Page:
In a good piece of news for Ottawa Senators fans, Mathieu Joseph has a new contract. In an offseason that has seen major acquisitions, a big contract, and some smaller moves, this comes at a time when it has been a little quiet from Pierre Dorion and camp. Locking Joseph up now is a bit of a gamble as his sample size is small with this team, but the contract provides solid value.
4-Year Deal Fits Senators’ Competitive Window
Joseph had filed for arbitration before the deadline hit, which had thrown some fans into a frenzy as to what that meant. But effectively, all restricted free agents (RFA) with arbitration rights complete this process to protect themselves and their bargaining power with the club. A few voices made it through to advise that this truly is a standard procedure and that a deal would likely be done before an arbitration meeting was needed.
Joseph and the Senators agreed to a four-year term on this deal, which will take him straight to being an unrestricted free agent once it’s done. The deal also will carry him through to 29 years old, effectively locking him up throughout his prime years. There is the chance he walks when it’s all said and done, but that four-year timeline lines up very well with the current competitive window for the team. Joseph has proven himself to be an above-average third liner who has shown flashes of a player who could regularly play on the second line if needed. As such, he’s nearly the perfect depth signing.
As Tim Stützle continues to develop and fans finally see what Jake Sanderson looks like playing with the big boys, years three and four of this contract are where the meat is. Having a player like Joseph locked in while some of the younger players enter their prime years is a major win for the Senators. It’s almost a certainty that his pace last year is an outlier, but even if he can collect 40-50 points and play penalty kill minutes, he will provide some much-needed insulation for the club.
Senators Avoid Overpaying for Joseph
Given the small number of games he played, it would have been easy to overpay Joseph after his stint at the end of the season. Given that the player he was traded for, Nick Paul, signed a major seven-year deal at $3.15 million average annual value (AAV), Joseph is coming in remarkably less expensive than his replacement as his contract carries an AAV of $2.95 million. While the cap hit is only moderately less, he’s not being paid well into his 30s like Paul will be.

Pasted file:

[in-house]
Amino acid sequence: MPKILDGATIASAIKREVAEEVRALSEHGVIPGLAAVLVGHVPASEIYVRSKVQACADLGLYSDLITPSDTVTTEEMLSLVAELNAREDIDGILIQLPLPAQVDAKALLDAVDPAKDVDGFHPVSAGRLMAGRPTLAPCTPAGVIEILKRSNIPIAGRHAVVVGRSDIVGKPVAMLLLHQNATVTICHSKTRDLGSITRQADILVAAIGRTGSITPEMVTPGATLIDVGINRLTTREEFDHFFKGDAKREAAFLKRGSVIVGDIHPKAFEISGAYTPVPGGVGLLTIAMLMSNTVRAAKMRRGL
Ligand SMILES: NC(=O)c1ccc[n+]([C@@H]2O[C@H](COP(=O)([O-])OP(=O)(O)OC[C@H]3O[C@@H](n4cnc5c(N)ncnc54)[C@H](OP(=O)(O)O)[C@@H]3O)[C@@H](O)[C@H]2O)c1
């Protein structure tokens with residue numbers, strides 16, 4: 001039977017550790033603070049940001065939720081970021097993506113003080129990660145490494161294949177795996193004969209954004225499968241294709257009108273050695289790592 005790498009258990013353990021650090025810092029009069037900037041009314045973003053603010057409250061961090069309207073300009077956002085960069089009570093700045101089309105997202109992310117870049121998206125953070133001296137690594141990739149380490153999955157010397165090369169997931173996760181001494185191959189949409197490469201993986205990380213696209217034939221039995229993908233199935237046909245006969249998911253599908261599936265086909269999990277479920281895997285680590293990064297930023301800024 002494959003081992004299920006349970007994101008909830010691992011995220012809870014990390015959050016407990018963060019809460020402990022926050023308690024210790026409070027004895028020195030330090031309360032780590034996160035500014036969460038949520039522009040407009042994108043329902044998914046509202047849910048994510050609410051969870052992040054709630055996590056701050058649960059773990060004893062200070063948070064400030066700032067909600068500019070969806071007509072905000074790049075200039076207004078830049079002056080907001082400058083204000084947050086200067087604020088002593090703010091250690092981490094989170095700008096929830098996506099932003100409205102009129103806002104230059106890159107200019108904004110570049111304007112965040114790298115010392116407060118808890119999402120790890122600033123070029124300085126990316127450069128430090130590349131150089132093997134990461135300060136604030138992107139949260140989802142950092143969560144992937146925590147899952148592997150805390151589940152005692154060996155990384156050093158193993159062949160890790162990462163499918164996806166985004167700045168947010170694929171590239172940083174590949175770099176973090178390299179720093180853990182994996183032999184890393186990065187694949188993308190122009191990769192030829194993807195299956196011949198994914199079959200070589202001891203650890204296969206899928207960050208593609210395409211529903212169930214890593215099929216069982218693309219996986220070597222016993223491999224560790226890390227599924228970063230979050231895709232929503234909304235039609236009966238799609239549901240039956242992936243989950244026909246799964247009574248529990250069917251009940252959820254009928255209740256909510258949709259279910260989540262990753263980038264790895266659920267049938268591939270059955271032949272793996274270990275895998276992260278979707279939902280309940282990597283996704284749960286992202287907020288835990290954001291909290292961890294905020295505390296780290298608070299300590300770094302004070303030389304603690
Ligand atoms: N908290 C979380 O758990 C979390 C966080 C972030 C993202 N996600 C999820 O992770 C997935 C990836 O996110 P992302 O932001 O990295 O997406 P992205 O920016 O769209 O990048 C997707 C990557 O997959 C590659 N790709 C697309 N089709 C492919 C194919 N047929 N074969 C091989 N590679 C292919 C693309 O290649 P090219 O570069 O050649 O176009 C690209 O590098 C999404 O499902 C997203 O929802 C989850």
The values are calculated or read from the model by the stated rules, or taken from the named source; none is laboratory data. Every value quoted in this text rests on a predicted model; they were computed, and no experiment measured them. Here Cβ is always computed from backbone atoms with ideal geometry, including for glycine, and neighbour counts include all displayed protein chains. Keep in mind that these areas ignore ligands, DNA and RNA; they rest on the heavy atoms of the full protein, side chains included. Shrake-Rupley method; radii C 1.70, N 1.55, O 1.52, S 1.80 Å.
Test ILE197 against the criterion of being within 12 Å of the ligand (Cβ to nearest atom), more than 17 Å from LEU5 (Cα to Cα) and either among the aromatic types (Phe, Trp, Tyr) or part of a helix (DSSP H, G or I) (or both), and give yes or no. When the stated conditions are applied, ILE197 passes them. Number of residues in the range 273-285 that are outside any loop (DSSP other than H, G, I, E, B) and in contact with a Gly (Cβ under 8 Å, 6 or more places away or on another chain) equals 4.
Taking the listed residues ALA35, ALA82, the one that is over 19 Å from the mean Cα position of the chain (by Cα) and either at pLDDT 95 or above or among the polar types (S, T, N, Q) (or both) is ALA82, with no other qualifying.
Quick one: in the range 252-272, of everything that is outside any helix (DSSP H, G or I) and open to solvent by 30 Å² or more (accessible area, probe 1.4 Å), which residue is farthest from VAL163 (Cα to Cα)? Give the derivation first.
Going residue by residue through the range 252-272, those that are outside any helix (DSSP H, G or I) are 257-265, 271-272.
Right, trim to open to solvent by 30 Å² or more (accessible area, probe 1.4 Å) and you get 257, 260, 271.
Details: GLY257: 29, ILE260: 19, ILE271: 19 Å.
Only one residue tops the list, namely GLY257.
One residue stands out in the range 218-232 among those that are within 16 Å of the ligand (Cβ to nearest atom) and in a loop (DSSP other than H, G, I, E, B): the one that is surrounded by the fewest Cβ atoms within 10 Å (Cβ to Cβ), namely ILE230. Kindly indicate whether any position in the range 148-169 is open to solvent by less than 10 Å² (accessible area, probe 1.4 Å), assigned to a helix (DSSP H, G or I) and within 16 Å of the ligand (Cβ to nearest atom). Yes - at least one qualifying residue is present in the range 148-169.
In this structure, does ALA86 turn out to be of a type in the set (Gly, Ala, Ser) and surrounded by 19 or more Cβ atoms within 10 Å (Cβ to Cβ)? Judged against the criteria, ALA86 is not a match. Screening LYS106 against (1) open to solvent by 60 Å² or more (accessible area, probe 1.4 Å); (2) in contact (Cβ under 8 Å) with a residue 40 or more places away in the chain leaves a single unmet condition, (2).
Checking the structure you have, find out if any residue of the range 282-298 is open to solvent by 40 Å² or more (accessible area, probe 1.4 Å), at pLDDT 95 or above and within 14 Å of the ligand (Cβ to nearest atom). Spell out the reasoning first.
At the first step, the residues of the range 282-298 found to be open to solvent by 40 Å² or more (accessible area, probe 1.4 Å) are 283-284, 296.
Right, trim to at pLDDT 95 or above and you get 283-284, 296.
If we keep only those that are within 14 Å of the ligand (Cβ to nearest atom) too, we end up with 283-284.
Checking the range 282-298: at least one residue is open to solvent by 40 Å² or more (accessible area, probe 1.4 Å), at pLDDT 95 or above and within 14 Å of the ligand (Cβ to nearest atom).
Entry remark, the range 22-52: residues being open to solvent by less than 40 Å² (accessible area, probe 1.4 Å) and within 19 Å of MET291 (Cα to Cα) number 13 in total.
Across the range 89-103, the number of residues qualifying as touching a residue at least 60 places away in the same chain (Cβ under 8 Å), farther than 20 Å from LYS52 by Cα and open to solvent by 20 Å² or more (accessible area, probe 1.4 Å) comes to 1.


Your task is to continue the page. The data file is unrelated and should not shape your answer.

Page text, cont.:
While a $2.95 million cap hit might be a little more than some people want to see for a guy who has suited up less than 20 times for this team, it’s good value for a flex player. Joseph’s ability to move in the lineup, play a strong two-way game, and contribute on the score sheet makes him exactly the type of player teams need in their lineup. The immediate change in production going from the Tampa Bay Lightning to the Senators makes it appear like he was suffering from utilization issues on a stacked roster. However, within Ottawa’s core, he will have more freedom to reach his offensive ceiling.
The Senators are closing in on being a contender. They still need some defensive help, and while they made changes in net, it remains a question mark for the team. Signing Joseph now for a good portion of their competitive window, and at this price point helps the flexibility for the next couple of years. If he outperforms the contract, he’s a great steal, and if he’s not meshing well, he will be easy to move. Basically, it’s a deal where risk is minimized for the club, and the player gets a fair deal for what he’s done so far. All in all, it’s a win for both sides.
Devin resides in Ontario, covering the Ottawa Senators for The Hockey Writers. He’s interested in where the eye test intersects with advanced stats and is on a quest to make a formula to determine who really is the best overall defenseman.